The Philippine president's expletive-laden outbursts inrecent weeks, taking aim at targets including the U.S. president and theCatholic Church, have fanned an already volatile trading environment, with thelocal currency tumbling to new lows and investors fleeing the stock markets.
The Philippine peso has fallen to a seven-year low, downabout 5% against the U.S. dollar from its peak of 45.84 pesos on June 8, whilethe Philippine Stock Exchange Index has been steadily sold down since July,starting August above the 8,000 mark but closing at about 7,600 in earlyOctober. The index closed at 7,620.16 on Oct. 6.
Concerns about President Rodrigo Duterte's provocativestatements since assuming office in June have unnerved investors. Duterte hasdrawn international criticism for his war on illegal drugs in the country,which has killed 3,684 people since July 1, according to Philippine NationalPolice numbers. His foul-mouthed outbursts against U.S. President Barack Obama,likening himself to Adolf Hitler, and threats of a foreign policy shift towardstrengthened relations with Russia and China have only added to investoruncertainty.
The main factor behind the stock market's underwhelmingperformance is mainly political, Jeffrey Halley, market strategist at OANDAAsia-Pacific, told S&P Global Market Intelligence. "The main show isdefinitely the president and his constant soundbites… all these comments areactually spooking investors. He's a bit of an unknown quantity to the rest ofthe world," Halley said.
Investor concern also manifested in an increase in the costto insure Philippine sovereign bonds, as seen in the midpoint of quotes forfive-year credit default swaps, which has risen since September.
But while Duterte is certainly a factor in the stockselloff, Mark Mobius, executive chairman at Templeton Emerging Markets Group,also attributes the recent market battering to other factors. He cites theprofit-taking behavior of investors who see that the Philippines is expensiverelative to emerging markets generally, with a P/E ratio of about 18x versus12x, as well as the weakening of the peso, which has continued on a decliningtrend since its peak in 2012.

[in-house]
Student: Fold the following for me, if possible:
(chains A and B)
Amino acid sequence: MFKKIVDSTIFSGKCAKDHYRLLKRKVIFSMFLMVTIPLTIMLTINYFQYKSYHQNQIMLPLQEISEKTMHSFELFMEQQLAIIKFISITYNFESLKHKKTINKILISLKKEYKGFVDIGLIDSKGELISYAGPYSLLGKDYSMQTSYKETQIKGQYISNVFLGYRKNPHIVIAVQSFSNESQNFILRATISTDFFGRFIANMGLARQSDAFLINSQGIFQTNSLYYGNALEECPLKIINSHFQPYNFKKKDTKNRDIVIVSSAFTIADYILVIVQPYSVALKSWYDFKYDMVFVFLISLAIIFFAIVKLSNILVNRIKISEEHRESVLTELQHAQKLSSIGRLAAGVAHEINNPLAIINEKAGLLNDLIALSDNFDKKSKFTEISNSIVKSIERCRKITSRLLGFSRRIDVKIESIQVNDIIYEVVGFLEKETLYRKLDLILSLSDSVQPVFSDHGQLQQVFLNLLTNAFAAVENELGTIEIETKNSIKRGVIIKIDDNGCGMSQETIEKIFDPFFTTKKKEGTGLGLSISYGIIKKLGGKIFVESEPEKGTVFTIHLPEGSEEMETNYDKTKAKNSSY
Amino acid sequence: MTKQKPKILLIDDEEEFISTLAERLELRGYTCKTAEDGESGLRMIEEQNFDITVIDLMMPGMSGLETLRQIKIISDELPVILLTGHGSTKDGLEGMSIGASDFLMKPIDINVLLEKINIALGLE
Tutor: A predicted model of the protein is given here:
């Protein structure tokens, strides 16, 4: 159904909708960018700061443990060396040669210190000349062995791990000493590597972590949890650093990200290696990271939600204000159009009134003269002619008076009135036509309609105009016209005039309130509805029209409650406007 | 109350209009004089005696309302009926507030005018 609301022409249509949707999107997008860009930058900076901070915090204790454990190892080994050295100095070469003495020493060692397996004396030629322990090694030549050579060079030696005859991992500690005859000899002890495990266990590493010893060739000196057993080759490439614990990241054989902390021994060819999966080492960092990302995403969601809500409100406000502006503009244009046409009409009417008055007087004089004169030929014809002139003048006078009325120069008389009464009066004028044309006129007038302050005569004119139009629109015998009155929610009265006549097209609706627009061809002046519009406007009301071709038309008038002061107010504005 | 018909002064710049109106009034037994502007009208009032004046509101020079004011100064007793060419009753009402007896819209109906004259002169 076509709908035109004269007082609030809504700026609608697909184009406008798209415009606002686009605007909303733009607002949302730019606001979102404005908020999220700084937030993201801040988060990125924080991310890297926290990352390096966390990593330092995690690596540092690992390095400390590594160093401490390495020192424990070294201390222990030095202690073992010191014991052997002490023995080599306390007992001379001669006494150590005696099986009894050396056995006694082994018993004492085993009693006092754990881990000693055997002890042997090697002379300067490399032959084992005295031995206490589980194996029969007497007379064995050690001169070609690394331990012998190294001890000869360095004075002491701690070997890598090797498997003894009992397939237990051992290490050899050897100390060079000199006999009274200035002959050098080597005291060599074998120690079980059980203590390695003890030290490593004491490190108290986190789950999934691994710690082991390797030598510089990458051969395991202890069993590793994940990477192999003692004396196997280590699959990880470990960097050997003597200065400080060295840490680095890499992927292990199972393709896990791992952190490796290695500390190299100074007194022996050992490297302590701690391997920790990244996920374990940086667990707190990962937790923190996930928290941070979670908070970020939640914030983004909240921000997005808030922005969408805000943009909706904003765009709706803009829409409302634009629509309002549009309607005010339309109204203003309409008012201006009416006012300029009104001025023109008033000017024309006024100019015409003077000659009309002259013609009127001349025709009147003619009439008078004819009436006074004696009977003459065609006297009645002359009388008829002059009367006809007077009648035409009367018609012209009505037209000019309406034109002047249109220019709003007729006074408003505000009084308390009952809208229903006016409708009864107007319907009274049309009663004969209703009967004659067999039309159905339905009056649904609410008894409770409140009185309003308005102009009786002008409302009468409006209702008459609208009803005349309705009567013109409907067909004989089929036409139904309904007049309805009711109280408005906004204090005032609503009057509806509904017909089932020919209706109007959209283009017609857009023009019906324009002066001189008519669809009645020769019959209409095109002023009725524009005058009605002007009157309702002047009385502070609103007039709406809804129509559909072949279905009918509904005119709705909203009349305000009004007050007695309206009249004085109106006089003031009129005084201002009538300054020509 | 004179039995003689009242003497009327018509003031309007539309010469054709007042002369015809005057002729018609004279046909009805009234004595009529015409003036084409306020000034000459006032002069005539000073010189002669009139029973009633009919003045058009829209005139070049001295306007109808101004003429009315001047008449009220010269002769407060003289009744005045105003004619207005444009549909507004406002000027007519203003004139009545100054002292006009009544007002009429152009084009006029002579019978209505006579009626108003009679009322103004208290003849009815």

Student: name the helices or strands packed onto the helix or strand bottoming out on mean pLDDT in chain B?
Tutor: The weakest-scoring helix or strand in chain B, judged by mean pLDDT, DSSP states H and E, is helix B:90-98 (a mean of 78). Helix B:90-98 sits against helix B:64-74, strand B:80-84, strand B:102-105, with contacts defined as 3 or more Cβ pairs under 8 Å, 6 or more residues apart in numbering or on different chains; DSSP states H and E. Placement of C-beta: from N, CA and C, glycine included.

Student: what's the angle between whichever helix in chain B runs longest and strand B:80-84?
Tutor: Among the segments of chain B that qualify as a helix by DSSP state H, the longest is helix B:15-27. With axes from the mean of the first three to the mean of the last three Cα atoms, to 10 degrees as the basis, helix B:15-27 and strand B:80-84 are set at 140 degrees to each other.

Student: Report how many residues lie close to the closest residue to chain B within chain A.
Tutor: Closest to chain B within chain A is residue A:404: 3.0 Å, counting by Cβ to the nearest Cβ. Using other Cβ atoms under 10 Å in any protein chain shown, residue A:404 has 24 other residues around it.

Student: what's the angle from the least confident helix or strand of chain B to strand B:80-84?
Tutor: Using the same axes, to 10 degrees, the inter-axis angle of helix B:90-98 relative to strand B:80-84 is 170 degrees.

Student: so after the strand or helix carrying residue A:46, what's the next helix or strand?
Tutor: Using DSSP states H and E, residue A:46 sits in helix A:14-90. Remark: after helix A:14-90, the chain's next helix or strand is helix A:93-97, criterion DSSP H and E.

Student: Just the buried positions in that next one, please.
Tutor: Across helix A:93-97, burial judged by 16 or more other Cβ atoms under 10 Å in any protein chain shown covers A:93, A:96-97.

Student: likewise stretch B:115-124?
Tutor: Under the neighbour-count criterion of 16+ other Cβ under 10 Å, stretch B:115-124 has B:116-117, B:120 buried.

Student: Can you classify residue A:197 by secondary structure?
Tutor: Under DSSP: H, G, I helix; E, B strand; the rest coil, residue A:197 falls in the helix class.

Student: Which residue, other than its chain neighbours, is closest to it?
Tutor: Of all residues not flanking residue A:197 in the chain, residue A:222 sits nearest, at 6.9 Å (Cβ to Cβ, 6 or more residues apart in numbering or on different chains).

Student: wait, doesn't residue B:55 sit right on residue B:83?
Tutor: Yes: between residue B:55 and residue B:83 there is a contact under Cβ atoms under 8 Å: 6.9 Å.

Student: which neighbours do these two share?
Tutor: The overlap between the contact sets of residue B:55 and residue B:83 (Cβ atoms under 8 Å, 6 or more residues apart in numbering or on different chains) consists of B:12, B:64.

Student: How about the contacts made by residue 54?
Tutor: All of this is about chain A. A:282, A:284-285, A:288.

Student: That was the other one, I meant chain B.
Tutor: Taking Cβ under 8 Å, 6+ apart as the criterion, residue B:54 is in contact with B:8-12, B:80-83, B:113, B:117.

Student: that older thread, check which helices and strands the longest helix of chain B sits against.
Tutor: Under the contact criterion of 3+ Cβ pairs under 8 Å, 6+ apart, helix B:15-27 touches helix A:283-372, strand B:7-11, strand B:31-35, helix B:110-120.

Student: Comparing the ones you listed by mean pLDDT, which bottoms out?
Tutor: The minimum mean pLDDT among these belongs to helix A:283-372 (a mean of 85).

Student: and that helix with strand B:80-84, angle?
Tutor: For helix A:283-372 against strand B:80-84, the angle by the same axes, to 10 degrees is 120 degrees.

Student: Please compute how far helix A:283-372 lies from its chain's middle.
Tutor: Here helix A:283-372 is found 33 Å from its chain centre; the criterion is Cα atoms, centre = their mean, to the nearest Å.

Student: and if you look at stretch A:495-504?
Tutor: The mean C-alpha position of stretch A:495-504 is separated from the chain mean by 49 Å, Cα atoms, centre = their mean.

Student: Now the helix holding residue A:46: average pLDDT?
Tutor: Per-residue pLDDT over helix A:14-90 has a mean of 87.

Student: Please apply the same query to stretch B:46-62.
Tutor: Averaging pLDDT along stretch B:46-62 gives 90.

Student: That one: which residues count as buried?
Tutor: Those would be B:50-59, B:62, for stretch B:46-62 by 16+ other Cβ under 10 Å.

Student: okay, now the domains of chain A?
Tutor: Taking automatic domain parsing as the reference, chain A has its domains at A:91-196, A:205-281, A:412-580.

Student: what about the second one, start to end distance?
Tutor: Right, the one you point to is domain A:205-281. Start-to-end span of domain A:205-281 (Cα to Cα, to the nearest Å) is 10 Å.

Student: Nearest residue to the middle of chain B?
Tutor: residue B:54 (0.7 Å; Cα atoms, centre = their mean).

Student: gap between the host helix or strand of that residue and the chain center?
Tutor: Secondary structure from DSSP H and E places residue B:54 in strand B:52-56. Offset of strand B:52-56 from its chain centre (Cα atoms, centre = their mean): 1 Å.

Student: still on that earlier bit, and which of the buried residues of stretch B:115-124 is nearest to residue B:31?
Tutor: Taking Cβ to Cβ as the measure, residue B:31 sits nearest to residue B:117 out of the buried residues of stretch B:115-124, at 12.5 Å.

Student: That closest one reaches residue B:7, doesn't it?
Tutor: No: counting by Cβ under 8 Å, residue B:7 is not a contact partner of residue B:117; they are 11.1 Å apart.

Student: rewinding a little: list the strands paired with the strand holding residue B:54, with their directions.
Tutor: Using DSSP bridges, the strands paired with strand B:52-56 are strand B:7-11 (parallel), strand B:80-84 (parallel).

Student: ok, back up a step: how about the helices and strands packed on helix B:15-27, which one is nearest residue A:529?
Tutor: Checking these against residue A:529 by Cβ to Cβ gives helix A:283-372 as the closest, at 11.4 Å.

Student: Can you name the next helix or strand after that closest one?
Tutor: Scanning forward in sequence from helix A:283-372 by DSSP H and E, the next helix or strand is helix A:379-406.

Outside of the Philippines, what the U.S. will do with itsrates affects the peso, like other emerging currencies. "The level of thepeso, to a certain extent if we take out short-term comments by the Philippinepresident, is being driven by external factors beyond its control," Halleysaid. The results of the U.S. presidential election and the U.S. FederalReserve's decision on a rate hike will have significant repercussions foremerging markets, he noted.
Yet Mobius remains bullish about the Philippines' investmentprospects. He believes the country will emerge as an improved destination forinvestors despite Duterte's actions. "The concern about the illicitkillings is a minor issue. The big issue is how they implement true law andorder and the degree to which Duterte is able to do that," he said in hisremarks at the Asia Private Equity and Venture Capital Summit, as reported byCNBC on Oct. 1.
Mobius told S&P Global Market Intelligence that thePhilippines remains one of the fastest-growing economies in the world, with2016 growth projected at 6%. The budget deficit as a percentage of GDP haslowered over the last eight years, while unemployment continues to improve.
The World Bank has estimated that the Philippines' annualGDP growth rate could exceed the 6.2% currently projected for 2017-2018 ifuncertainties surrounding the government's reform agenda are quickly resolved.
And while its relationship with the U.S. has been verystrong over the last few decades, it makes sense for the country to shift gearsto a more diversified approach in foreign relations in view of China andRussia's roles in the global economy, Mobius said.
Halley agrees that the Philippines' outlook for thelong-term is rosier than the current turbulence would indicate. "It's notlike the Philippine government is doing anything wrong economically," hesaid.
As of Oct. 6, US$1 wasequivalent to 48.37 Philippine pesos.
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